The Epiphany, Year B
The Rev. Ian Burch
St. Mark’s Episcopal Church | Milwaukee, WI
January 7, 2018
Baptism of Maggie Marshall Frizzell
Episcopalians enjoy a bit of theater with our worship. It’s all stylized and symbolic, and there are many, many costume changes. We carefully tend to the set pieces, and our pit orchestra is second to none. For those of you who come just on Sundays, you might miss the hustle and bustle of life backstage. Before we gather for any kind of worship—eucharist, baptism, wedding, funeral—there are countless people running around and tending to all the moving pieces that make up our liturgy. It can be a reverent and solemn task to prepare God’s house. And it can also be hilarious.
One such backstage comedy happens at just about every wedding I officiate. There’s a tense moment at the back of the church where all the bridesmaids and groomsmen are lined up—scrubbed within an inch of their lives and concentrating dutifully on getting down the aisle in one piece. I’m typically standing back there directing traffic and generally being friendly to people who haven’t darkened a church doorstep for years. Invariably, one of the groomsmen will ask me, “how should we hold our hands as we walk down the aisle.” “Should they be at our sides or in front of us.” I try to say as kindly as possible that no one has come to see their hands; they’re all here for the bride. Just do what feels natural.
Then the big event happens. No one notices anyone’s hands. The happy couple is married or the baby is baptized or the eucharist is celebrated. And the priest and all the church elves close down the theatre, the organ is dampened, and we cut the lights and turn off the heat. End scene.
We’re entering a time in the church year that begs the question “now what?” It’s the same question that married couples ask after they’re returned from their honeymoon and the grind of work and life and family begin. It’s the same question that parents ask after the magic of baptism fades and the reality of diapers and daycare rears its head. It’s the same question we’re asking this morning after the angels have winged back to heaven, the shepherds have gone back to their flocks, and the wise men have discharged their duties and returned to their homes lighter some gold, frankincense and myrrh. Transformed by this experience of the incarnate God, now what do we do?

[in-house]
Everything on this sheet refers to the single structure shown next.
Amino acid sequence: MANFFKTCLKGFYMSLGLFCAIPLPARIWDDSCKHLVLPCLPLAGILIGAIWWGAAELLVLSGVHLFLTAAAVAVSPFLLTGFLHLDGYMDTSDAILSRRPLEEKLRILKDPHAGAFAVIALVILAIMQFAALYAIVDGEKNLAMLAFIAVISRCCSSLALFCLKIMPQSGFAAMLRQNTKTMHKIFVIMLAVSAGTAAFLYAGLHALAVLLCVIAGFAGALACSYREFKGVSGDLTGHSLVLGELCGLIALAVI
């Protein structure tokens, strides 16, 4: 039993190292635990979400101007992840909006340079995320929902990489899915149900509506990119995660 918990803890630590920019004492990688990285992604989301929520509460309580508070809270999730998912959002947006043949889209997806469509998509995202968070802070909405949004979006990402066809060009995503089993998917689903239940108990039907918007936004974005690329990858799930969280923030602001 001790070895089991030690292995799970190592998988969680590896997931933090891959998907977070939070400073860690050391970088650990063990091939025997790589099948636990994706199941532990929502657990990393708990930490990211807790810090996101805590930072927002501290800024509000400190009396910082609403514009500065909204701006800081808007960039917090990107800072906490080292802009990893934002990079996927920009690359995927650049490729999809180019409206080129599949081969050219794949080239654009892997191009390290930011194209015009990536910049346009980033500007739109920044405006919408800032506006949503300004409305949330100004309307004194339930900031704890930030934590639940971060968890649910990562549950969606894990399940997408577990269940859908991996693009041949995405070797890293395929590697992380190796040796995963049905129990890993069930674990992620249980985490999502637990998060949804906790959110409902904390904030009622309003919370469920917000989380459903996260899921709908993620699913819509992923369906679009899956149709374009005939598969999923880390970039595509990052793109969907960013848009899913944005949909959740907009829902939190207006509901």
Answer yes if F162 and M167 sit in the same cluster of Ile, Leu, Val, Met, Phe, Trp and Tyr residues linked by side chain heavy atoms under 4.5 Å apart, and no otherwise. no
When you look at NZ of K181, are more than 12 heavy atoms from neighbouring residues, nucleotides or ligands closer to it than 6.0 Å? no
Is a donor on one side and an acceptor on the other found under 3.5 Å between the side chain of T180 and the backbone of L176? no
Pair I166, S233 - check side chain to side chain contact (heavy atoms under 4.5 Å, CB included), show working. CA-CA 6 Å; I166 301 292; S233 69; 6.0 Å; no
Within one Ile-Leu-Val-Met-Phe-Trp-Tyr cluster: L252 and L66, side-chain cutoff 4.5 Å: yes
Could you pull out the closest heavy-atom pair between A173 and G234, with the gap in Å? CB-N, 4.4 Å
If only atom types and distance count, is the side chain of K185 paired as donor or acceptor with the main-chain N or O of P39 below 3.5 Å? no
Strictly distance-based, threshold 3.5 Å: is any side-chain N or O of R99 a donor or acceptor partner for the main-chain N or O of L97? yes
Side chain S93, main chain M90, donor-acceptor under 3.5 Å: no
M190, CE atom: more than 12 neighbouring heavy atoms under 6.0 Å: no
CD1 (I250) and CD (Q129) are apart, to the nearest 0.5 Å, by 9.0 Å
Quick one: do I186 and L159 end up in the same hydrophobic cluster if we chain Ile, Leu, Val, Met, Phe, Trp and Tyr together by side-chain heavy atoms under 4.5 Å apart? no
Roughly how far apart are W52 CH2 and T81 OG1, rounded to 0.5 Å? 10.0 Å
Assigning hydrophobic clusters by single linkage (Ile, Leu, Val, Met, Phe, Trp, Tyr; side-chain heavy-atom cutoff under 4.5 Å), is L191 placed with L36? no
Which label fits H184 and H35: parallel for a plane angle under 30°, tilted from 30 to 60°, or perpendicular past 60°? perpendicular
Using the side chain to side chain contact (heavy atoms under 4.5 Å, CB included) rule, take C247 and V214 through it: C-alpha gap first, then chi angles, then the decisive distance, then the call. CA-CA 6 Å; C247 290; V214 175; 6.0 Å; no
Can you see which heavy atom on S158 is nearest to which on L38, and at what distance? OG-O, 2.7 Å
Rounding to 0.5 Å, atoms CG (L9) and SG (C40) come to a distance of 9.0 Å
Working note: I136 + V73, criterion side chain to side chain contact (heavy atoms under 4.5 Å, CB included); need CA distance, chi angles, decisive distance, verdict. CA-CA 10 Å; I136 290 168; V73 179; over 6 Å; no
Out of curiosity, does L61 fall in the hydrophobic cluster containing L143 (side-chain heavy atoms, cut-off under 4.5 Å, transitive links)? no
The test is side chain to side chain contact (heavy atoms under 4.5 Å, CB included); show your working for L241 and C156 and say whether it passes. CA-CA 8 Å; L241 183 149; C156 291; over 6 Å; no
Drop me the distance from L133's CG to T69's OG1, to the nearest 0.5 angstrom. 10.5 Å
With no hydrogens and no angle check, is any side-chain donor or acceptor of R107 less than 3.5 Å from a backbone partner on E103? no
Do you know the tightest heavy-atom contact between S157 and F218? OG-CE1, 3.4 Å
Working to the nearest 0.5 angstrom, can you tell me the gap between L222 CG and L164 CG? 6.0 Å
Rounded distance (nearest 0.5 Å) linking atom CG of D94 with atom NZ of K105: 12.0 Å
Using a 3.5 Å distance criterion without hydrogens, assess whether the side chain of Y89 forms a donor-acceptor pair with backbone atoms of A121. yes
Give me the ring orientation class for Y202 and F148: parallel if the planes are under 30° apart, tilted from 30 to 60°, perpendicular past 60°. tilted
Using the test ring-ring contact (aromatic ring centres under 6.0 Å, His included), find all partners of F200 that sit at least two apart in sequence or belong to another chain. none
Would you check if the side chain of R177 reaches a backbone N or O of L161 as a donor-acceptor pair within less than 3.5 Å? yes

In his collection, The Mood of Christmas and Other Celebrations, Baptist pastor, theologian and poet Howard Thurman asks and answers this question better than I can,
When the song of the angels is stilled,
When the star in the sky is gone,
When the kings and princes are home,
When the shepherds are back with their flock,
The work of Christmas begins:
To find the lost,
To heal the broken,
To feed the hungry,
To release the prisoner,
To rebuild the nations,
To bring peace among people,
To make music in the heart.
For all the care and effort we put into our beautiful worship, it really is just prelude for living our lives outside of these doors. What does it mean to follow Christ, to be a Christian? It can’t end with the pageantry in this room. This all must mean something, must drive us somewhere. Liturgy and life must meet, or we’re just putting on the best puppet show in Christendom. When we promise in our baptism vows to “strive for justice and peace among all peoples, and respect the dignity of every human being,” that promise has teeth. The person that society tries to throw away is the exact same person that we have promised to love. The kid without food is our kid. The mother being crippled by medical bills is our mother. The guy with no hope or future is our friend, and any institution who dares to ignore the needs of the lost, broken, hungry, or prisoner is our enemy.
That’s quite a lot to put on a little baby, isn’t it? We welcome you, little Maggie, into the family of Christ. Now leave these doors and go change the world. What a frightening and enormous task we are giving this tiny child.
Never fear, you wonderful little baby. You are not alone. Everyone in this room has spoken these vows or had them spoken on their behalf when they too were babies. Each person in this room is a member of your family, a friend in troubled times, a co-conspirator in the life-long project of living as a Christian. Welcome to your tribe, Maggie.
Remember your promises, people of God. Remember that you are not just to enjoy our happy theater for an hour a week. When the last song fades, the deacon sends you into this hurting world to share the good news of Christ: light in the darkness, hope in the midst of despair, life instead of death. The baptized people of God, working together in love and prayer, can accomplish anything. And soon, we will make public what God has already known since the moment she drew breath—little Maggie has joined our family and our struggle.
We followed the star to this manger. We’ve been to the big event. Now it’s time to rely on our baptisms to guide us out these doors and into the world with peace and power. Amen.